The numbers look good — at first.
Last year, investors pumped a record $338 million into young technology companies in Northeast Ohio. That total easily eclipses the previous record: Local startups raised $264 million in 2013.
Sounds great, right?
JumpStart CEO Ray Leach is happy with the overall total, but he’s not 100% enthused when he analyzes the statistics. He’s worried that the harvest might not be so bountiful in the future.
Data from JumpStart, which works with startups throughout the region, shows why he’s concerned.
The numbers are up because a small number of more mature companies raised larger amounts of capital.
However, the number of deals that fall into the “early stage” category dropped last year. Deals in that category — which includes both Series A and Series B investment rounds — usually involve a few million dollars.
To be specific, 27 companies did early stage deals in 2014, down from 36 last year. It’s the lowest number since 2006, according to data Jumpstart collected for its annual Northeast Ohio Venture Capital Report.
So what’s up?
Leach noted that the region used to have two local venture capital firms that specialized in early stage deals. But both Early Stage Partners and Glengary have been out of money for new investments for a while now. Same goes for the Ohio Capital Fund, a statewide organization that funded venture capital firms throughout the state.
Leach has complained about the lack of local Series A capital in the past. Now he believes that the problem is showing up in JumpStart’s data.
Startups can and do raise Series A capital from out-of-state investors. That can be good for the startup, but it’s not always good for the community: Early stage investors often want to be physically close to the companies they finance. So if a given startup is far away, investors will sometimes ask that company to move closer — unless that startup has also raised money from a local investor that can keep a closer eye on the company, Leach said.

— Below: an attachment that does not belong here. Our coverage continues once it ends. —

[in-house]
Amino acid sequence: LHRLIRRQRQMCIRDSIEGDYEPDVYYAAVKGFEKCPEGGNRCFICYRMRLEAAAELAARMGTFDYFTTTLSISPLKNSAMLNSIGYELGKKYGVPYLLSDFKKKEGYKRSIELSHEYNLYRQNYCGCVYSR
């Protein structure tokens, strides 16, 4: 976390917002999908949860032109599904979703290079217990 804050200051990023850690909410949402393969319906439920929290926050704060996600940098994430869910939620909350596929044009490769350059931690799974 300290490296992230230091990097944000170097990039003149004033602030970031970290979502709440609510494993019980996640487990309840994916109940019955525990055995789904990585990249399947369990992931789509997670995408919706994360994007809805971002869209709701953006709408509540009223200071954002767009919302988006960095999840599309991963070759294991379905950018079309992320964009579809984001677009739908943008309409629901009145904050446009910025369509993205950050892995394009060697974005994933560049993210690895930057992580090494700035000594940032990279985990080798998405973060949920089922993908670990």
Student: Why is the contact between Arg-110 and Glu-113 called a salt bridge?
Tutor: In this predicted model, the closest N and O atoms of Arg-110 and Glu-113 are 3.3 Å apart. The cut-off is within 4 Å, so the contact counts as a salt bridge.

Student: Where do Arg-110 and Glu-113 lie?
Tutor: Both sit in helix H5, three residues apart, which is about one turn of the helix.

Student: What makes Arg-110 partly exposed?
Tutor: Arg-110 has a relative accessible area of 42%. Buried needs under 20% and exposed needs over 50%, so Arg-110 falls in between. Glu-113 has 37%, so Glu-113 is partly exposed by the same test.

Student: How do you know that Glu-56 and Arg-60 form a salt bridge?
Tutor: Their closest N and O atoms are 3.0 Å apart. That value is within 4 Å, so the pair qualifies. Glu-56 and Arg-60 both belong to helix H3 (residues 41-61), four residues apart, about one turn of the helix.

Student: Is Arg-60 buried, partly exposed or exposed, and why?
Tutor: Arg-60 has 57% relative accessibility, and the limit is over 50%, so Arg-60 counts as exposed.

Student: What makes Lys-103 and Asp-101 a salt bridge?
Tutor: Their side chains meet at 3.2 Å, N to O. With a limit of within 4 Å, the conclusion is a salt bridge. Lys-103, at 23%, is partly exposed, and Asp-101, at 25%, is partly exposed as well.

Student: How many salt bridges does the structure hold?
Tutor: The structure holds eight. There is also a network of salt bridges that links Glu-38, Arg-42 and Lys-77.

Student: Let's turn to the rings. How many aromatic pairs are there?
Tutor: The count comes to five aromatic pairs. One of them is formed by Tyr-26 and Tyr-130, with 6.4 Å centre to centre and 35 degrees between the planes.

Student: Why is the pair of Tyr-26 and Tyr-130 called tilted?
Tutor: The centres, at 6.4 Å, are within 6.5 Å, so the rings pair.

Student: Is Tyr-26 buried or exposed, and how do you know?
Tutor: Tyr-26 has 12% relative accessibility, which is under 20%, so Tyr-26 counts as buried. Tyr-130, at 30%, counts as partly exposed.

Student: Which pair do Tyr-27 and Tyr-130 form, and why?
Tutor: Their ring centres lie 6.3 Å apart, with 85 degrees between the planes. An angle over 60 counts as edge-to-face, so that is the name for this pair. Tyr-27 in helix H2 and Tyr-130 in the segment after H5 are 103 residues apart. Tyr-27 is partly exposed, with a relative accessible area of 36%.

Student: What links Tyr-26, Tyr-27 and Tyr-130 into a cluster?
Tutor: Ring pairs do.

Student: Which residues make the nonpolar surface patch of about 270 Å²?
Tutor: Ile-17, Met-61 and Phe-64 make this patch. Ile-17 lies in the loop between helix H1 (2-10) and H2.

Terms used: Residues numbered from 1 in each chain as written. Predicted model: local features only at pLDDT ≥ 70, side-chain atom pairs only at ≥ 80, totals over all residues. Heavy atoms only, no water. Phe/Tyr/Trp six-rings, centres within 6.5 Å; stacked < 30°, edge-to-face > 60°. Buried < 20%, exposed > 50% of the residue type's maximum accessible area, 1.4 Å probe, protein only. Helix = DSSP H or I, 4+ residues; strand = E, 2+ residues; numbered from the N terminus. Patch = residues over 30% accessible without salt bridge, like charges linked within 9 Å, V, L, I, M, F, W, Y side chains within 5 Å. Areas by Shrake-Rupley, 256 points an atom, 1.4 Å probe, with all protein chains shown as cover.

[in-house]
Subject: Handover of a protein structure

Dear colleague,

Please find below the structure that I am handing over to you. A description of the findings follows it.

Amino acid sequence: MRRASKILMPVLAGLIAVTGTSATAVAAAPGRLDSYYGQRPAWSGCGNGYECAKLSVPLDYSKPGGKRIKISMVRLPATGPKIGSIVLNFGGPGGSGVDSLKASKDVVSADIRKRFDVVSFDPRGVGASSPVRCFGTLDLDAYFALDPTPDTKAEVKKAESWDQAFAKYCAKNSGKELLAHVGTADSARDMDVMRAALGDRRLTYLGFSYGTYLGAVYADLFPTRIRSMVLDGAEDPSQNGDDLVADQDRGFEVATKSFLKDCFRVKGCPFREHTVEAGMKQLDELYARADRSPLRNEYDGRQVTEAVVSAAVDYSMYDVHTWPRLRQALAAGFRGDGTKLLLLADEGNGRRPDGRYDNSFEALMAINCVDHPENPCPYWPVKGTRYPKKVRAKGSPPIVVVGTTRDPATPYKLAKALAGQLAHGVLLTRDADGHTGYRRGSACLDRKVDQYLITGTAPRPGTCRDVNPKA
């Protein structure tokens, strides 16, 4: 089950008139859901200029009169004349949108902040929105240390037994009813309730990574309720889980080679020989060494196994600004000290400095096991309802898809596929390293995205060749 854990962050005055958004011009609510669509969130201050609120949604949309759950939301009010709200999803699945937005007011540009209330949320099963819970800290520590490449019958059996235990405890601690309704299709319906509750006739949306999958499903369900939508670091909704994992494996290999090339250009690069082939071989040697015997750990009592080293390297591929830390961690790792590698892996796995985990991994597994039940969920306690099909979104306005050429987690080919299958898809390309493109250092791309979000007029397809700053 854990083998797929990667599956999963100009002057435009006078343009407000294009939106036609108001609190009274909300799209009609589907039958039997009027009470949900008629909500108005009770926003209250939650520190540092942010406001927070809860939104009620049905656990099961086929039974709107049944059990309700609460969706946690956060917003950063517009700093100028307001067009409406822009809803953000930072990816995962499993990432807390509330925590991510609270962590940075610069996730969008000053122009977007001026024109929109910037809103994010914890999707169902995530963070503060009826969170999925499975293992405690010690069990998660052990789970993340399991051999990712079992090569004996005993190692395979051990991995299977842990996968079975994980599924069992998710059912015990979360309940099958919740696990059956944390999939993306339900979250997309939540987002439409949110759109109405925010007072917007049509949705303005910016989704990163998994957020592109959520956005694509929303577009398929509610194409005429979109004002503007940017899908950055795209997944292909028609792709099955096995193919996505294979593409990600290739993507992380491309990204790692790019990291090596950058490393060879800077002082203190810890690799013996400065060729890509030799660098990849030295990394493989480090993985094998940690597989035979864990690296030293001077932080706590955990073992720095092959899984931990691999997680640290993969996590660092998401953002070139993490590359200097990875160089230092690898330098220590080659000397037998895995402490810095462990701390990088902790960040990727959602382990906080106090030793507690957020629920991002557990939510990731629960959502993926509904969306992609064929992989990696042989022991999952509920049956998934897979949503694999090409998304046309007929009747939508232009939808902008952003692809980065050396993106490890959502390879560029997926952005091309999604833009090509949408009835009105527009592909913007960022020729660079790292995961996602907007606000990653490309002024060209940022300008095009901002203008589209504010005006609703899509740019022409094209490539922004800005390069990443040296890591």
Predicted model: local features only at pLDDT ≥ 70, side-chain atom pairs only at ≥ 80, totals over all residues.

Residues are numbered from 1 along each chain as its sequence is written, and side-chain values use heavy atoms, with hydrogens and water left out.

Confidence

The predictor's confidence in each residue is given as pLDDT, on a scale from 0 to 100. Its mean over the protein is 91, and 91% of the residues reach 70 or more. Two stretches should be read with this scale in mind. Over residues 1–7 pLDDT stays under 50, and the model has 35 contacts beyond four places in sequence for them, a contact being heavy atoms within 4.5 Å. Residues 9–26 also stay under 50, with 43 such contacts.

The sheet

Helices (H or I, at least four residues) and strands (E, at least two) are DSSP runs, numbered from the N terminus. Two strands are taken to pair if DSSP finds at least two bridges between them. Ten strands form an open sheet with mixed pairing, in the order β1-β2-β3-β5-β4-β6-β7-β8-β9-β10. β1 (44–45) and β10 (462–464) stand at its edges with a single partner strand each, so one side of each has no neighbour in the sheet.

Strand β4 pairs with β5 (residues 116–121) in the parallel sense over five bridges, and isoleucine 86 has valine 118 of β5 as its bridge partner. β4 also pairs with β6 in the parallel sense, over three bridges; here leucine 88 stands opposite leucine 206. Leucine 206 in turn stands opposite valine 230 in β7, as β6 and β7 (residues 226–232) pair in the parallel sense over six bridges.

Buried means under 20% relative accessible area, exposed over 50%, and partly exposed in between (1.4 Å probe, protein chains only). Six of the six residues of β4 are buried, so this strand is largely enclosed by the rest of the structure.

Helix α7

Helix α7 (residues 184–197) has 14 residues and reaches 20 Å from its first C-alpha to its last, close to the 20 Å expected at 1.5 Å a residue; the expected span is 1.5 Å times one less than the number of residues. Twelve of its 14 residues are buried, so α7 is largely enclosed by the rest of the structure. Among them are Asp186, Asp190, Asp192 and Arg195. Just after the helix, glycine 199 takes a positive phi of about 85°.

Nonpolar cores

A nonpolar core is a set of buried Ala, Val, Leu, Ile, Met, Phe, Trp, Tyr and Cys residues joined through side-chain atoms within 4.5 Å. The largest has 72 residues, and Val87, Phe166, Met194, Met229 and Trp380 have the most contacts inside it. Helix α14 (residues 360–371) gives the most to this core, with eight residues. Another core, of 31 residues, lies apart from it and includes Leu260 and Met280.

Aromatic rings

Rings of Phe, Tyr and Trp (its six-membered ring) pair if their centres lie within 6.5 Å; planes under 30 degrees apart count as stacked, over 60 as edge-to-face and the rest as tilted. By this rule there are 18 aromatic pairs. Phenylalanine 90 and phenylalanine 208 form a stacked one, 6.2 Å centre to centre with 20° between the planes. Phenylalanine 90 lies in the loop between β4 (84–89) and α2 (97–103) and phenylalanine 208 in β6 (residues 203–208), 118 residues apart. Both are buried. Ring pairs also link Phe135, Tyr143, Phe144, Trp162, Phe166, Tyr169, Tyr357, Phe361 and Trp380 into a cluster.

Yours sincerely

“The more Northeast Ohio relies on [out-of-state capital], the greater the risk is that the economic impact that we’re all doing this for will not be realized here,” he said.
The Ohio Third Frontier program has taken steps to increase the amount of Series A capital in the state. It recently expanded a program that provides capital to investment firms that finance companies in Ohio. As part of that expansion, it’s now offering money to companies that focus on smaller Series A deals. The program previously focused more on investors that provided smaller amounts of funding to even young startups.
The number of those seed-stage deals is down, too, but it’s still the third-best year in JumpStart’s data, which goes back to 2004.
The only really impressive statistics from JumpStart’s 2014 data? A few more mature startups raised a heckuva lot of money. Nine companies did what JumpStart describes as growth-stage deals. They raised a record $207 million.
But here’s yet another caveat: There’s a good chance that one company is responsible for a large chunk of that total. Last year, a fast-growing pharmacy software company called CoverMyMeds raised what is “widely believed to be one of the year’s largest health care IT investments nationwide,” according to the JumpStart report. The company employs 25 people at an office in Twinsburg, but most of its 240 employees work in Columbus.